In addition to this, due to the gendered nature of the issue, a feminist approach was adopted to analyse the media discourse. At its core, a feminist perspective involves a pro-active commitment to a feminist exploration of women’s experience of oppression (Harding, 1987 in Timpson, 1996, p. 777). This differs from other critical theory approaches, for example with the Erwing Goffman school of thought, as gender is often hidden underneath within systems and a feminist approach is concerned with revealing and ultimately eliminating the forces that limit women (Deegan, 1983, p. 182). When this feminist approach is applied to media discourse, feminist researchers attempt to identify ‘patterns within texts to highlight how power is gendered, classed, raced, among other socially constructed categories’ (Iceton, 2016, p. 45). Understanding how abortion is framed thus propagates a feminist approach as any consequences of its discussion are gendered, mostly affecting the bodily autonomy and reproductive health of women.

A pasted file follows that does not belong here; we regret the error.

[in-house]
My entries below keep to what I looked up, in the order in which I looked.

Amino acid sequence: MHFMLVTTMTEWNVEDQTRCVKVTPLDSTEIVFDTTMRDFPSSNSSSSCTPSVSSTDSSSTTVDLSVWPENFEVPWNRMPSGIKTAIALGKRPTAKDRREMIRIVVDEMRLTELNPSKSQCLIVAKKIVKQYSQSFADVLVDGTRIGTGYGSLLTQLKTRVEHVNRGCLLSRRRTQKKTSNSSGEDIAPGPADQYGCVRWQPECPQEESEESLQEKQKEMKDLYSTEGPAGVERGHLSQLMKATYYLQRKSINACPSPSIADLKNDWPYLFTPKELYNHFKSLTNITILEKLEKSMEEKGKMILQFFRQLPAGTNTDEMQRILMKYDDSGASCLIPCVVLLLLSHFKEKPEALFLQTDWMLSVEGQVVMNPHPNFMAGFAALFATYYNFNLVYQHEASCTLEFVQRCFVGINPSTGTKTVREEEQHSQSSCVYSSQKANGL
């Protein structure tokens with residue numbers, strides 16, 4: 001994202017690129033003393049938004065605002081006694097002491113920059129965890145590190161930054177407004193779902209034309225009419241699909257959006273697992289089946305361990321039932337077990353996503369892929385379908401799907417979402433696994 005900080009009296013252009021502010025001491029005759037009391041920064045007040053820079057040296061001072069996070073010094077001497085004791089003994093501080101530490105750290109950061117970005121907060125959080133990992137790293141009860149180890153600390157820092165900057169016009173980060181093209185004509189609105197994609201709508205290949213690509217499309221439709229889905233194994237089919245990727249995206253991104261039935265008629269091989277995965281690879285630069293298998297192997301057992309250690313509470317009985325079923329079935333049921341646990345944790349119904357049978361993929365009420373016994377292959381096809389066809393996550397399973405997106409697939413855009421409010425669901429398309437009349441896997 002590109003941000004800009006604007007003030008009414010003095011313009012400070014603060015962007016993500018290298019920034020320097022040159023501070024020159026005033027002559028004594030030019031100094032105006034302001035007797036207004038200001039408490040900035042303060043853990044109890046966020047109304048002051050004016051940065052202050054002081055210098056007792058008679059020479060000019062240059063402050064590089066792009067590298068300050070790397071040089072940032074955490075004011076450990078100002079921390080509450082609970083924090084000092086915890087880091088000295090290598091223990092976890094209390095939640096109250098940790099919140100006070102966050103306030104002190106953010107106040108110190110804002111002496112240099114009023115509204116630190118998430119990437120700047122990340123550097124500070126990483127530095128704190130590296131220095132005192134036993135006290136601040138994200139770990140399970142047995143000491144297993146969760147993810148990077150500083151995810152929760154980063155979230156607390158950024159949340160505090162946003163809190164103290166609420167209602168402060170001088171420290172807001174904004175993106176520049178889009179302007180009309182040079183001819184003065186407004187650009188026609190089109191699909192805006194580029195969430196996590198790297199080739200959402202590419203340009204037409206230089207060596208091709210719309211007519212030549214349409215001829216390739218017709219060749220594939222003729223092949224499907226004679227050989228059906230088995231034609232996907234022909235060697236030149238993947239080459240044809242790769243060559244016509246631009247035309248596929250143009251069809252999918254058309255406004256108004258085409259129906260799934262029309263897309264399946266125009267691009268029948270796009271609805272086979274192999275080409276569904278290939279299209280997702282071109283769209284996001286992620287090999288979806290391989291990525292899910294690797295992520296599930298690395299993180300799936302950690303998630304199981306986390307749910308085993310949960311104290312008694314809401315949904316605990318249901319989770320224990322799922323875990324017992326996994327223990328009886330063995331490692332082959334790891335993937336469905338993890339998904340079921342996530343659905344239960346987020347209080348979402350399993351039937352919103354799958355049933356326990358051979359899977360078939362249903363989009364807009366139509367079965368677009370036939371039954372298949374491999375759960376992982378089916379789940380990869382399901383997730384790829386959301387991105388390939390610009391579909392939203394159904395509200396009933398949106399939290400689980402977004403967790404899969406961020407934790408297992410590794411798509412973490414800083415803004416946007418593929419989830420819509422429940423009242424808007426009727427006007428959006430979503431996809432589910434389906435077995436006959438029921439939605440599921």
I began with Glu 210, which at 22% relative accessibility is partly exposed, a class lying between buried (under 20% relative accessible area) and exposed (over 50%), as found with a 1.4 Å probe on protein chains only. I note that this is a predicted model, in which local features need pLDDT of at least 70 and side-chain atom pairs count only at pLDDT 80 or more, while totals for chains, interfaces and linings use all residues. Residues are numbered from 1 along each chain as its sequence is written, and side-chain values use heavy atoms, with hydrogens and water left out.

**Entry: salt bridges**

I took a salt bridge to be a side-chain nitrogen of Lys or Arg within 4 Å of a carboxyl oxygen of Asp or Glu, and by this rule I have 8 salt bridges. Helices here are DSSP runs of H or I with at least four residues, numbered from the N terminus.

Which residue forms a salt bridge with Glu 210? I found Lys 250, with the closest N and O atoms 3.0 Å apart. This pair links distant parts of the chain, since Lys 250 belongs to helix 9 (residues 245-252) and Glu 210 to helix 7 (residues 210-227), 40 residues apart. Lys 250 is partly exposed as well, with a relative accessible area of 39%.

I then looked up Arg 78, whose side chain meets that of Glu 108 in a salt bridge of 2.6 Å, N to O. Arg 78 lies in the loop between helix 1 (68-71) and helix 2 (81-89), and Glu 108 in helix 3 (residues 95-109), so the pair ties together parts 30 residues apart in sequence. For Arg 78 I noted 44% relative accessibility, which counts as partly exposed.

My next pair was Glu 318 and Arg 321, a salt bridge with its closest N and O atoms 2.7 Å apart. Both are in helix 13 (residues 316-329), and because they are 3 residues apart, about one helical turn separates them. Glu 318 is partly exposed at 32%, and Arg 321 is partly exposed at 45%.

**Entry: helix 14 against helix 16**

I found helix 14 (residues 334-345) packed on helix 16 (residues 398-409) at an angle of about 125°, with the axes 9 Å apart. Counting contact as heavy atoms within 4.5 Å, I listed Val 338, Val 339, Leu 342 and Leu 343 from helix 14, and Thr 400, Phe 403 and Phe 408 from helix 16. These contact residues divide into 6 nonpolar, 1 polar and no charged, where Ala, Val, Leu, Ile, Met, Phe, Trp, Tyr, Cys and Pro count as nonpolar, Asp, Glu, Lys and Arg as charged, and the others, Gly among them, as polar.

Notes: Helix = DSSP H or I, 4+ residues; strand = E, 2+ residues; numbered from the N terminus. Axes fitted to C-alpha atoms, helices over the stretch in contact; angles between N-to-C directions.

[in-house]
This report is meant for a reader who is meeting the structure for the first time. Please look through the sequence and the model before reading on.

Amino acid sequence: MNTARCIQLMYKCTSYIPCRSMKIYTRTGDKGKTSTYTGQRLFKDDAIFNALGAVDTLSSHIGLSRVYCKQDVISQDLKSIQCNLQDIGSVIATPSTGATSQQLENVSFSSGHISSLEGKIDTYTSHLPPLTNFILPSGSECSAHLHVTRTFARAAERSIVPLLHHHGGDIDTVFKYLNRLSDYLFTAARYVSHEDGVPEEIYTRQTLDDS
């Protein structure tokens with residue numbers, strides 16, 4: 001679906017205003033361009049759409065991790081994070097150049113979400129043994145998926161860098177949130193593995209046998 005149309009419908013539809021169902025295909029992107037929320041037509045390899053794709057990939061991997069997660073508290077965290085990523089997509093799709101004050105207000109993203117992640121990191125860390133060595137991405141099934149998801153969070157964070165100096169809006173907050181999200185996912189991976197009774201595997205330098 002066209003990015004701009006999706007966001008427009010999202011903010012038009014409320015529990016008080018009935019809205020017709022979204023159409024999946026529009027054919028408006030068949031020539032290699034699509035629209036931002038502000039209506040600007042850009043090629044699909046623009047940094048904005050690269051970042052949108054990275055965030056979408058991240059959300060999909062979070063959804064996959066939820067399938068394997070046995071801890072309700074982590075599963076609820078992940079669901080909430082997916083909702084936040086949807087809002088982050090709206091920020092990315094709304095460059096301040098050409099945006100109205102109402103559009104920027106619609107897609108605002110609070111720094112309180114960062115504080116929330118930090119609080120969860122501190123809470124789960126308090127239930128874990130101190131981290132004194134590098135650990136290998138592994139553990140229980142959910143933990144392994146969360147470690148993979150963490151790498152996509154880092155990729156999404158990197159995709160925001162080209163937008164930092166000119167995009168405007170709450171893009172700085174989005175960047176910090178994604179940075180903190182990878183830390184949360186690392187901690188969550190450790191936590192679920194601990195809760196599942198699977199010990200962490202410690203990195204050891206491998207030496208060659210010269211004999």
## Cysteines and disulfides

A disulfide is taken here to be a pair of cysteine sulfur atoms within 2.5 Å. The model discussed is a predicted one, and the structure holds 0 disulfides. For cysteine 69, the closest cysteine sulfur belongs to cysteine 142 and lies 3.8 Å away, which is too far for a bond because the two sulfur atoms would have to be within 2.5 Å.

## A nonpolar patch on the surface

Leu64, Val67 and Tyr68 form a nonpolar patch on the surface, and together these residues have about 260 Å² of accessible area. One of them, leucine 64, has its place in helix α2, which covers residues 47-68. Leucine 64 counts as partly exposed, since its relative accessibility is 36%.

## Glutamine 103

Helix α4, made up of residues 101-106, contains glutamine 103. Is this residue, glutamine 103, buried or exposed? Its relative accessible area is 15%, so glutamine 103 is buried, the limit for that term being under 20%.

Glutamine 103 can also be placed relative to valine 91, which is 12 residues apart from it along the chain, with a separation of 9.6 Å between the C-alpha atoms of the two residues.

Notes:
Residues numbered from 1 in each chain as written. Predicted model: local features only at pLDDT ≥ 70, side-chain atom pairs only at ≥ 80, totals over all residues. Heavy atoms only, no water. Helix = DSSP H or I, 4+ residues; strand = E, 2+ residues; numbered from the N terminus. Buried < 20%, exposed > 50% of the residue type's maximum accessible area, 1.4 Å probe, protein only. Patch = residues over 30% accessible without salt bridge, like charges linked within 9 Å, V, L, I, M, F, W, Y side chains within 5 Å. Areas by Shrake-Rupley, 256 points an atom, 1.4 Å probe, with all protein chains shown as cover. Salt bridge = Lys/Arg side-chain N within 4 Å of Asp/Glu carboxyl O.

For the purposes of the research, I combined the criteria used in the discursive model of the public sphere and the feminist approach of deconstructing this discourse to understand the gendered dynamics. The popular inclusion criteria argue that media should actively seek to include experiences of those on the periphery, for example, grassroots organisations or women who have experienced abortion themselves (Feree et. al, 2002). However, it is not enough to simply include them. Celis and Childs (2012) argue that there is a very evident distinction between descriptive and substantive representations when it comes to women. The authors argue that it is not enough to judge representation by the number of women present and/or speaking (descriptive) but how actors attempt to function in the best interests of women (substantive) (Celis & Childs, 2012; Feltham-King & Macleod, 2015). It, therefore, becomes appropriate to view the media in Ireland through this lens, understanding if they sought to include women who have experience with abortion and in their own words as criteria for popular inclusion and substantive representation. The combination of both these approaches allowed the research to judge the media by criteria that prioritises both the enhancement of discourse in the public sphere of democracy and the quality of women’s representation in this discourse.